Although, beyond the scope of this study, an association between the grip style and footwork could also be responsible for injury predisposition even as it has been earlier reported that bad grip and foot positioning twists the entire body out of proper alignment and are the most common cause of technique problems. It was, thus, recommended that players use neutral grip variations of the Grip styles along with proper stance as nonneutral grip forces the player to adjust to awkward movements.[15]

  Conclusion Top

Our findings show that the Shakehand Grip was the predominant Grip style in Table Tennis players in Lagos and had the highest prevalence of injury.


There was no significant association between the different Grip styles and the prevalence of injuries, probably because most of the players used the Shake-Hand Grip compared with other Grip styles such that the data collected for all the other types of Grips was relatively too small to create a significant comparison. This study presents preliminary investigations, so further studies with much larger sample sizes are recommended in order to adequately capture the other Grip styles.

Financial support and sponsorship


Conflicts of interest

There are no conflicts of interest.

  References Top

Jiang J, Ying G. The study of table tennis sports injury. Sci Technol Inform 2011;17:164-79.  Back to cited text no. 1
Shang Q, Shang X, Zhiyong L. The characteristic analysis of Chinese excellent table tennis players' sports injury. Cheng Sport Univ Newspaper 2012;38:83-6.  Back to cited text no. 2
Kachanathu SJ, Kumar P, Malhotra M. Relevance and incidence of musculoskeletal injuries in Indian tennis players; an epidemiological study. Am J Sports Sci Med 2014;2:1-5.  Back to cited text no. 3
Yuza N, Sasaoka K, Nishioka N, Matsui Y, Yamanaka N, Ogimura I, et al. Game analysis of table tennis in top Japanese players of different playing styles. Inter J Table Tennis Sci 1992;1:79-89.  Back to cited text no. 4
Otcheva G, Drianovski Y. Survey of the Game Styles of some of the best Asian Players at the 12th World University Table Tennis Championship. Programme & Abstracts of the 6th International Table Tennis Federation Sots Science Congress; 2000.  Back to cited text no. 5
Lexine U. Different Types of Table Tennis Grips; 2017. Available from: https://www.greenpaddle.com/blog/posts/different-types-of-table-tennis-Grips. [Last accessed on 2017 Jul 06].  Back to cited text no. 6
Hensley LD, Paup DC. A survey of badminton injuries. Br J Sports Med 1979;13:156-60.  Back to cited text no. 7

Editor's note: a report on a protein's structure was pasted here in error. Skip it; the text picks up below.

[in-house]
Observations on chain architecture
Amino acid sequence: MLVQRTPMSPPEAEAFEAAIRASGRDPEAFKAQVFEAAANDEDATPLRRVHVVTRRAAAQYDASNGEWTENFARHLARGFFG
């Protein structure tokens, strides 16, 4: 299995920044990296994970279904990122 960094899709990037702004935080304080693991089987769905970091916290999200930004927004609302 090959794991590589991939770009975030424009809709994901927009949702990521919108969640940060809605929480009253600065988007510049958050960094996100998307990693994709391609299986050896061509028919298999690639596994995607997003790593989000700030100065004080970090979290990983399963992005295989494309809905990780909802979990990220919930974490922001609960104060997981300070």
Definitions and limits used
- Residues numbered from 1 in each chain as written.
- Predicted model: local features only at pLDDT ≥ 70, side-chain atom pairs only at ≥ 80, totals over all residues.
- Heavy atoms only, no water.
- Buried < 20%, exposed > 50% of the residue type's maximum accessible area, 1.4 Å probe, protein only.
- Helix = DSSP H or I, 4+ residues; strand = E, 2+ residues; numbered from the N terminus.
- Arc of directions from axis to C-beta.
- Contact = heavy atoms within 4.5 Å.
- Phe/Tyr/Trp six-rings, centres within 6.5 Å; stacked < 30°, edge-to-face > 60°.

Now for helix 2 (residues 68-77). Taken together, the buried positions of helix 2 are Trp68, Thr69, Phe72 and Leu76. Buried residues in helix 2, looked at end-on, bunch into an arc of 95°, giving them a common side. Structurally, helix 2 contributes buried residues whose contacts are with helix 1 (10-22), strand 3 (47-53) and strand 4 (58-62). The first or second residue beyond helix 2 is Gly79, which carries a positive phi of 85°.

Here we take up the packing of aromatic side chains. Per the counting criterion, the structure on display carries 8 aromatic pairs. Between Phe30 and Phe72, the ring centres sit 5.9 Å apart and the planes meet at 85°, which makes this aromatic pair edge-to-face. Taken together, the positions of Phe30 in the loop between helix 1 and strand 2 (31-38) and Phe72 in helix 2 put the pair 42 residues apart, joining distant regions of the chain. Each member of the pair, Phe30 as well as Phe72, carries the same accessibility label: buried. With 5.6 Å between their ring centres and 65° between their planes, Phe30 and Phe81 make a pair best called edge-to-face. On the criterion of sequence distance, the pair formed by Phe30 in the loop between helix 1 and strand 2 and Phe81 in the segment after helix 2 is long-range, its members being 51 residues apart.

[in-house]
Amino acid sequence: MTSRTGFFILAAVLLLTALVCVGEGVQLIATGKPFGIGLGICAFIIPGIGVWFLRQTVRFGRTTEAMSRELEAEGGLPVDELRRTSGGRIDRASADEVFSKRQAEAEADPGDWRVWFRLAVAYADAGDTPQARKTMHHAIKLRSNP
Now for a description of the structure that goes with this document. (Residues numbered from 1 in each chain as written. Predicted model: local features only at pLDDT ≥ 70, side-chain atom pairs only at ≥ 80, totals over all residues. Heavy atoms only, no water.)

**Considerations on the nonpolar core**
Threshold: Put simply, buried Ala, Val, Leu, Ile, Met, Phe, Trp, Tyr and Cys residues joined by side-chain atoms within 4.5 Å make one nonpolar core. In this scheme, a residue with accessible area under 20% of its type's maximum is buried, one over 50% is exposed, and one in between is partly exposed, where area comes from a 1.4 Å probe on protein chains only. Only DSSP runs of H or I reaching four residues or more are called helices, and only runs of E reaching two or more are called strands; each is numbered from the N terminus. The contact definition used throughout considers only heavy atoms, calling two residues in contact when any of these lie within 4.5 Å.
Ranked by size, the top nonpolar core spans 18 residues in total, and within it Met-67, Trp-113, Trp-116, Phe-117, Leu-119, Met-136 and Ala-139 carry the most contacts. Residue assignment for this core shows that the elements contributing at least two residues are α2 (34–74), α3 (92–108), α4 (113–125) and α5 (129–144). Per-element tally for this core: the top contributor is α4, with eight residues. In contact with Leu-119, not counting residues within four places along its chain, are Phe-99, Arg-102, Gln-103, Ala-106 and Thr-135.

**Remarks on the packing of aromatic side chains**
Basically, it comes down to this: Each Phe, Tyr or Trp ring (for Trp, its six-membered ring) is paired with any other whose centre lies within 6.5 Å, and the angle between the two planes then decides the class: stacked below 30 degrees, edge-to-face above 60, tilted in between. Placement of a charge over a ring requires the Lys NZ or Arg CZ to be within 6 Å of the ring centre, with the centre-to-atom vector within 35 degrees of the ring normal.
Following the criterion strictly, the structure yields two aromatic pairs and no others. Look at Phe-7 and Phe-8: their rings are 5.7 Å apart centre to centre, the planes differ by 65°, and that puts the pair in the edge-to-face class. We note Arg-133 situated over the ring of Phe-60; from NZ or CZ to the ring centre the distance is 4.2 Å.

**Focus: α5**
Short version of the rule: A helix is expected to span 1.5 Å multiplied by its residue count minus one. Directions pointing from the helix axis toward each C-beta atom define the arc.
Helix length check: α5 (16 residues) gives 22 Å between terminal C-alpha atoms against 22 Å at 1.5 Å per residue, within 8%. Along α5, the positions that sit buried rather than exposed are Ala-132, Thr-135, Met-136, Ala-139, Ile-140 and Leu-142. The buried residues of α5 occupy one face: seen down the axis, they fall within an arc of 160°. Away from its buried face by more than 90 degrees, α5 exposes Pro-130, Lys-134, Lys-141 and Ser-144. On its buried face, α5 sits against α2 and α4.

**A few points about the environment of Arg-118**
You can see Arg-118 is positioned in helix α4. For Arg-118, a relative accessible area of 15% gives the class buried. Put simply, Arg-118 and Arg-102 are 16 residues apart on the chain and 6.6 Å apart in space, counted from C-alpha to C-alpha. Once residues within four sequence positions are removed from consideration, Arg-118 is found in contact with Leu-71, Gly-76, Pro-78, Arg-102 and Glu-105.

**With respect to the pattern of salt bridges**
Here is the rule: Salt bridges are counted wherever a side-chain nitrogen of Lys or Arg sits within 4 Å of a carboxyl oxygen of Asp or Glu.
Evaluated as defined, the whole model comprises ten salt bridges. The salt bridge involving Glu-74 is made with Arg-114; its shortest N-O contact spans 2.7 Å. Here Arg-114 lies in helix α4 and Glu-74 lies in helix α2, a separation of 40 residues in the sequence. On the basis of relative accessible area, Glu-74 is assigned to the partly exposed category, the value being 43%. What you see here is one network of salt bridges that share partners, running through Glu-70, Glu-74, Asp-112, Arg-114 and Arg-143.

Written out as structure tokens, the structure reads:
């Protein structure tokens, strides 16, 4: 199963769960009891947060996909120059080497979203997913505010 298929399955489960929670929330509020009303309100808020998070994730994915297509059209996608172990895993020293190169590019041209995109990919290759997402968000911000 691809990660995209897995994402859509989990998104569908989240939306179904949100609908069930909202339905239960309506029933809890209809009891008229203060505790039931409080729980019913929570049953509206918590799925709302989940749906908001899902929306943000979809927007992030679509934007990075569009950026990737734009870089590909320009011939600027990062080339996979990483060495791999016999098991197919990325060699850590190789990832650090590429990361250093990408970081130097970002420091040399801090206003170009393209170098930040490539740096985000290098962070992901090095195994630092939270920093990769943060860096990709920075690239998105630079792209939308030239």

Cohen J. Statistical Power Analysis for the Behavioural Sciences. 3rd ed. New Jersey: Lawrence Erlbaum Associates; 1992.  Back to cited text no. 8
Tagliafico AS, Ameri P, Michaud J, Derchi LE, Sormani MP, Martinoli C. Wrist injuries in nonprofessional tennis players: Relationships with different grips. Am J Sports Med 2009;37:760-7.  Back to cited text no. 9
Stuelcken M, Mellifont D, Gorman A, Sayers M. Wrist injuries in tennis players: A narrative review. Sports Med 2017;47:857-68.  Back to cited text no. 10
Abrams GD, Renstrom PA, Safran MR. Epidemiology of musculoskeletal injury in the tennis player. Br J Sports Med 2012;46:492-8.  Back to cited text no. 11
EmRatThich. How to Hold a Table Tennis Racquet; 2018. Available from: https://pingsunday.com/table-tennis-Grip-hold-racket/. [Last accessed on 2019 Oct 27].  Back to cited text no. 12
Coach Em RatThich. Move Quicker with Chinese Table Tennis Footworks; 2019. Available from: https://pingsunday.com/chinese-table-tennis-footwork. [Last accessed on 2020 May 27].  Back to cited text no. 13
Coach Em RatThichCoach. How to Prevent Top 5 Table Tennis Injuries Pains; 2019. Available from: https://pingsunday.com/how-to-prevent-top-5-table-tennis-injuris-pains. [Last accessed on 2020 May 27].  Back to cited text no. 14
Larry Hodges. Grip and Stance; 2012. Table Tennis Coaching. Available from: www.tabletenniscoaching.com [Last accessed on 2020 May 28].  Back to cited text no. 15
Lam WK, Fan JX, Zheng Y, Lee WC. Joint and plantar loading in table tennis topspin forehand with different footwork. Eur J Sport Sci 2019;19:471-9.  Back to cited text no. 16


  [Figure 1], [Figure 2], [Figure 3]

  [Table 1], [Table 2], [Table 3], [Table 4]